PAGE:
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  • Babesia refer to a large genus of protozoa which can infect humans but whose natural reservoir are a variety of wild and domestic mammals. Babesia are spread by tick arthropod vectors and are present in the Northeast US and in Europe. Although a less serious disease, the basic clinical consequences and pathogenesis of Babesiosis is similar to that of Malaria.
Life Cycle
  • Inoculation occurs during a blood meal from an infected tick which deposits the "Sporozoite" form of the organism in the blood. The motile sporozoites infect erythrocytes and replicate by progressing through "Trophozoite" and "Schizont" forms, similar to plasmodial species, and then mature into "Merozoites". Mature merozoites lyse erythrocytes and can infect other erythrocytes or differentiate into gametocytes which can be taken up once again by the tick vector.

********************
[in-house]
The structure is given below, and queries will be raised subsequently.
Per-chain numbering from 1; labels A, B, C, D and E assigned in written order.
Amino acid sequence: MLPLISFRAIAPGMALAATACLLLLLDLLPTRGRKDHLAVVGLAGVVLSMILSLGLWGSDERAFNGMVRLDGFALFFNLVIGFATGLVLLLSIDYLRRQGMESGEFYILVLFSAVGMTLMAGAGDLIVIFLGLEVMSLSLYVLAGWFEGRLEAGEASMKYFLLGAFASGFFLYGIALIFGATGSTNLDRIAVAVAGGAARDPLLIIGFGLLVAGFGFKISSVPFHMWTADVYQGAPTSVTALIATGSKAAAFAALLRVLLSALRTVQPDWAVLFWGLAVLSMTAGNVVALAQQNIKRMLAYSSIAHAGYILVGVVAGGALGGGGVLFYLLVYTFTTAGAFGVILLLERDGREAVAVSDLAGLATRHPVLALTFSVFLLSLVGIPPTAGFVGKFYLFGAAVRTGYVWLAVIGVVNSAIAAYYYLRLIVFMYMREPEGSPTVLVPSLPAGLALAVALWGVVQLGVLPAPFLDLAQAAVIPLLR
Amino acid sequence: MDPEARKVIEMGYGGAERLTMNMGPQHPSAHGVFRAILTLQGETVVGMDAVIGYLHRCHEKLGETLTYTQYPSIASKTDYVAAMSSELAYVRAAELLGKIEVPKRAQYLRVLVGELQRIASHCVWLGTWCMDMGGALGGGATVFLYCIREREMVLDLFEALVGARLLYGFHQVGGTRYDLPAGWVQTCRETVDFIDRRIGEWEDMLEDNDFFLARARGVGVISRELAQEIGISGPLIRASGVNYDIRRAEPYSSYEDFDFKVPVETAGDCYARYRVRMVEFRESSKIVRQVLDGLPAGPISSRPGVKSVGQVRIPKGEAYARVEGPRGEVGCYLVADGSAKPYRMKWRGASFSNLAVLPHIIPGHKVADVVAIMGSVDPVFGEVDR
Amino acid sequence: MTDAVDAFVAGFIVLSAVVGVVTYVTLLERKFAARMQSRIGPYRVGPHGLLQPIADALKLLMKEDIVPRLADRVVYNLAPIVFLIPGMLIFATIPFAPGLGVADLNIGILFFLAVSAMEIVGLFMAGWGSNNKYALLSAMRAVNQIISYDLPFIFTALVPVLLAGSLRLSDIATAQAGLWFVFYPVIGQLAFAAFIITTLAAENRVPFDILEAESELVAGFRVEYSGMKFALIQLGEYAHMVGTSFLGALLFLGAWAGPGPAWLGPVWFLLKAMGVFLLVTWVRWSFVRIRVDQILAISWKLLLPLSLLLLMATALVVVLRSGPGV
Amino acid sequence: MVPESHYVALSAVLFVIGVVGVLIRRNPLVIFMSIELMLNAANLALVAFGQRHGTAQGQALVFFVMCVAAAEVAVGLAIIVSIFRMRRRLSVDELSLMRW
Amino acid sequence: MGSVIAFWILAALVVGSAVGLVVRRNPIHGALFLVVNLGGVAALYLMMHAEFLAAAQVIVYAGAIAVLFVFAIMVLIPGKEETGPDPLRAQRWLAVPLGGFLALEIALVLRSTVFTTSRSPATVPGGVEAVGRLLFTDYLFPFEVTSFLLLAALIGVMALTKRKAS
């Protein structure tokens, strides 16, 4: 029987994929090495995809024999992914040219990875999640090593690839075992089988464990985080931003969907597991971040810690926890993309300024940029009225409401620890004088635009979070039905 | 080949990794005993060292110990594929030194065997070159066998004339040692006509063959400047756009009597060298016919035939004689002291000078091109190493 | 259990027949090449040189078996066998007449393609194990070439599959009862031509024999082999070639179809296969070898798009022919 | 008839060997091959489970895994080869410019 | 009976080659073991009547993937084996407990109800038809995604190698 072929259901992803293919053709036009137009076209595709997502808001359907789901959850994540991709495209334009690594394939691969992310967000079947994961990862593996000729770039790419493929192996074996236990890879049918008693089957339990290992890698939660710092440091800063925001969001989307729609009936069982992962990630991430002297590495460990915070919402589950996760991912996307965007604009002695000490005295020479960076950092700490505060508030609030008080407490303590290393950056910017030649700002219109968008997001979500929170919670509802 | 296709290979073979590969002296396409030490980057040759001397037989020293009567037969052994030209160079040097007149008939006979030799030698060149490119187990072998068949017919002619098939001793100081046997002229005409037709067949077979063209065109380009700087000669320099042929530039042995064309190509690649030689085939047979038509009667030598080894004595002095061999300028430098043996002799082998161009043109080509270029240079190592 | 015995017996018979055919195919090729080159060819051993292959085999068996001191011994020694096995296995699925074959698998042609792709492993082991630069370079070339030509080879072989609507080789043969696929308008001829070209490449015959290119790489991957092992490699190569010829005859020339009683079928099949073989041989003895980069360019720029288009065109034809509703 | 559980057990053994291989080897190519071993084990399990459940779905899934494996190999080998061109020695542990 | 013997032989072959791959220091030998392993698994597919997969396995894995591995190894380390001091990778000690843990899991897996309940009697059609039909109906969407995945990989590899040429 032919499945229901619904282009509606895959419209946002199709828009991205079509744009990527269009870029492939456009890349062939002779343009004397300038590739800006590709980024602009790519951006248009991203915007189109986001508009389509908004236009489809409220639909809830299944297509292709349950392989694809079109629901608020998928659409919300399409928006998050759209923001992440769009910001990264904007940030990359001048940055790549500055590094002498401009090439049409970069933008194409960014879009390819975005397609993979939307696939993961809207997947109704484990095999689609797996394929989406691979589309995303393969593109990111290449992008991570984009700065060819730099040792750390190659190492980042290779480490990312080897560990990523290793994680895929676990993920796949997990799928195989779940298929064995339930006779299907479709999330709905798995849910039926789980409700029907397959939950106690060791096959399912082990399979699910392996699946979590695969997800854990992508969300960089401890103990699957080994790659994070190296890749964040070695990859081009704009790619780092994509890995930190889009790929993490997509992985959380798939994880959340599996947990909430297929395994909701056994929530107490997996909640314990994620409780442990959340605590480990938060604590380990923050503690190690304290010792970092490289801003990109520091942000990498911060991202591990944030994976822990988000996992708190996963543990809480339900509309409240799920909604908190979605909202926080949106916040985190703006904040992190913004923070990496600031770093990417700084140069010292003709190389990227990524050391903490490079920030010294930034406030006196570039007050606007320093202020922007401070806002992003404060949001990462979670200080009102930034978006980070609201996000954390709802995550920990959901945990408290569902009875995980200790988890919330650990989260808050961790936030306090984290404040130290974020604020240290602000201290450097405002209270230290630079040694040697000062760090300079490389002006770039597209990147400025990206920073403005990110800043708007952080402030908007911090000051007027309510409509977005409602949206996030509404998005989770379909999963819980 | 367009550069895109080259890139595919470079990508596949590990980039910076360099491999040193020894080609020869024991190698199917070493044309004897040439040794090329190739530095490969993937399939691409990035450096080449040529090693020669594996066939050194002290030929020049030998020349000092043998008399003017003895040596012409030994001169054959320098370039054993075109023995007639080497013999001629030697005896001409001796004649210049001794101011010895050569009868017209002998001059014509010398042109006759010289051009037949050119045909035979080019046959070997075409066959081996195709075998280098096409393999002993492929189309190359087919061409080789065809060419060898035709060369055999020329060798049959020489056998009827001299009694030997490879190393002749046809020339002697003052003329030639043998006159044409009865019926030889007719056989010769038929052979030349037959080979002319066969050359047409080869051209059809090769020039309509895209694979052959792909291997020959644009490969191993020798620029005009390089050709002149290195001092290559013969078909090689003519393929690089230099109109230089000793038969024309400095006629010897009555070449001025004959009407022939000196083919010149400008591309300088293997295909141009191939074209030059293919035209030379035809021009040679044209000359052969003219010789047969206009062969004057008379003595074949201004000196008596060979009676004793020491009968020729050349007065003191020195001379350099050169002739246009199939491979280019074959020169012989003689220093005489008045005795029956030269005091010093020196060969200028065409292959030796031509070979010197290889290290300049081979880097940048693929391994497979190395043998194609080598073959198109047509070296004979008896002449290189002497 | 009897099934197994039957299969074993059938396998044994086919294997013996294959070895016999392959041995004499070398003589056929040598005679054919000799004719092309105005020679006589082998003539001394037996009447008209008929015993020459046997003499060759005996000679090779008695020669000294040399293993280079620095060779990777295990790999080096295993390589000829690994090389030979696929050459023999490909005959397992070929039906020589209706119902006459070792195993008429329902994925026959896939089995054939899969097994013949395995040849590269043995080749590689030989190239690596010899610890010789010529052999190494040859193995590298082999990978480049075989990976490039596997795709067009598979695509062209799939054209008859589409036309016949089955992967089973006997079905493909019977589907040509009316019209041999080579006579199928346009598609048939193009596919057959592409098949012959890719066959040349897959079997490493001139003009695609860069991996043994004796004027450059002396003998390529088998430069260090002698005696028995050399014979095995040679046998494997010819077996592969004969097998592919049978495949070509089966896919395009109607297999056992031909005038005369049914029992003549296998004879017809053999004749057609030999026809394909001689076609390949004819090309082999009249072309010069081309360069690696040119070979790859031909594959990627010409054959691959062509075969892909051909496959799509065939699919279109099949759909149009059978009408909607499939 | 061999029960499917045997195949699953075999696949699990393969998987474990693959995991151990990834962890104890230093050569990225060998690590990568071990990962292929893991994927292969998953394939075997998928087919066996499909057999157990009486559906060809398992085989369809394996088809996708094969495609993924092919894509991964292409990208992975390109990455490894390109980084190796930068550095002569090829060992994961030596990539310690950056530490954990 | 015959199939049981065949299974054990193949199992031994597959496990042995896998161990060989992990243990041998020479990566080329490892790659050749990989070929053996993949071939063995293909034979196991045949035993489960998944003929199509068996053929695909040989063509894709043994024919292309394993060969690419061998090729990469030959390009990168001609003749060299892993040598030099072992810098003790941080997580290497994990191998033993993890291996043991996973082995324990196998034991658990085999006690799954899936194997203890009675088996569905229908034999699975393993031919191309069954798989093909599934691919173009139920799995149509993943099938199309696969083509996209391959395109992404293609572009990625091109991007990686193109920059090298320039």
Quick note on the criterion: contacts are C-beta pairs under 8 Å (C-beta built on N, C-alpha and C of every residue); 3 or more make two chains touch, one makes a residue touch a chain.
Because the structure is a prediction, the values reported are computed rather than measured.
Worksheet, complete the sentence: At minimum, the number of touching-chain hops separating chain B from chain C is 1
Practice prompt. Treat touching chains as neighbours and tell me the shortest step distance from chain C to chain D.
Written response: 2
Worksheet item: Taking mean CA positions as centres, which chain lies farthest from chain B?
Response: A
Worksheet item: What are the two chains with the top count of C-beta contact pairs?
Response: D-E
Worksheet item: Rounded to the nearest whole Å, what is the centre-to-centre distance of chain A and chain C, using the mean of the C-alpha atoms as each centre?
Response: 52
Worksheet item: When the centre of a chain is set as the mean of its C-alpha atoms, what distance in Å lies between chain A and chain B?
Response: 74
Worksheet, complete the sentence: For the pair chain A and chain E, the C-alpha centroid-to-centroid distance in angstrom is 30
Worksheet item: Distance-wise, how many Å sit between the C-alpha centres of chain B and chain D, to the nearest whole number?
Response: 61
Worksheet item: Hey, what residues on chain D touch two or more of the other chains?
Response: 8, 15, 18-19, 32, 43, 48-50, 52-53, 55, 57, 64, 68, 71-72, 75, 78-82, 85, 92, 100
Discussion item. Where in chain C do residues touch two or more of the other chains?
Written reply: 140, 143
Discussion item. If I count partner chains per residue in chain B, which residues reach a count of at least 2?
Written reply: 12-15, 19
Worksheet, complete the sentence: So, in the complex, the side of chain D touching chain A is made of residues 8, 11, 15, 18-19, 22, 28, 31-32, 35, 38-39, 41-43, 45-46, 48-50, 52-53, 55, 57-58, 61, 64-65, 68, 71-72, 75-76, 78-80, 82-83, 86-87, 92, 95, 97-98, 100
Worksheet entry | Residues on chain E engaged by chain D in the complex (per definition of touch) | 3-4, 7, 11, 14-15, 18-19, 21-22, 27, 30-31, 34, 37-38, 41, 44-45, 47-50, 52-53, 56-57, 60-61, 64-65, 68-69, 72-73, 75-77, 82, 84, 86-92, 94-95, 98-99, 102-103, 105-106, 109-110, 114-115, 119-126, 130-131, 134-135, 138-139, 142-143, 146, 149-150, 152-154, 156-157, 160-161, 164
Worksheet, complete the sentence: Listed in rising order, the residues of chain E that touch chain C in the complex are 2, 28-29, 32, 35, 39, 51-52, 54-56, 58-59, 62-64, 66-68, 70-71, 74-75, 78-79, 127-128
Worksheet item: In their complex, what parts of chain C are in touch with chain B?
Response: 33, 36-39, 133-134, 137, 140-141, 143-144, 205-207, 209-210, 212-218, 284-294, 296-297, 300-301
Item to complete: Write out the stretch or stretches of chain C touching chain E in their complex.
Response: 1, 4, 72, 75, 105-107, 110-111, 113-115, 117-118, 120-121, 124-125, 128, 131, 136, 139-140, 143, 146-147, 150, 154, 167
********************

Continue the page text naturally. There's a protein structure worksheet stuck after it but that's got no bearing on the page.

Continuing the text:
• Diagnosis of babesia is performed by giemsa-staining of peripheral blood smears where infected erythrocytes can be detected. Uniquely, babesial replication within erythrocytes results in only four merozoites which take on a pathognomonic tetrad arrangement similar to a "Maltese Cross". Circular trophozoite ring forms can also be observed as in plasmodium-infected erythrocytes.
Clinical Consequences
  • Infection with babesia is often subclinical. When clinical consequences emerge they are primarily nonspecific constitutional symptoms such as fever, chills, myalgia, headache, and malaise. Complications can arise in those who are chronically ill but this is uncommon among healthy individuals. Asplenic patients are at a higher risk of infection and the severity is intense and potentially life-threatening.
  • Mild infections are treated with azithromycin. Severe infections are treated with quinolines such as quinine and clindamycin.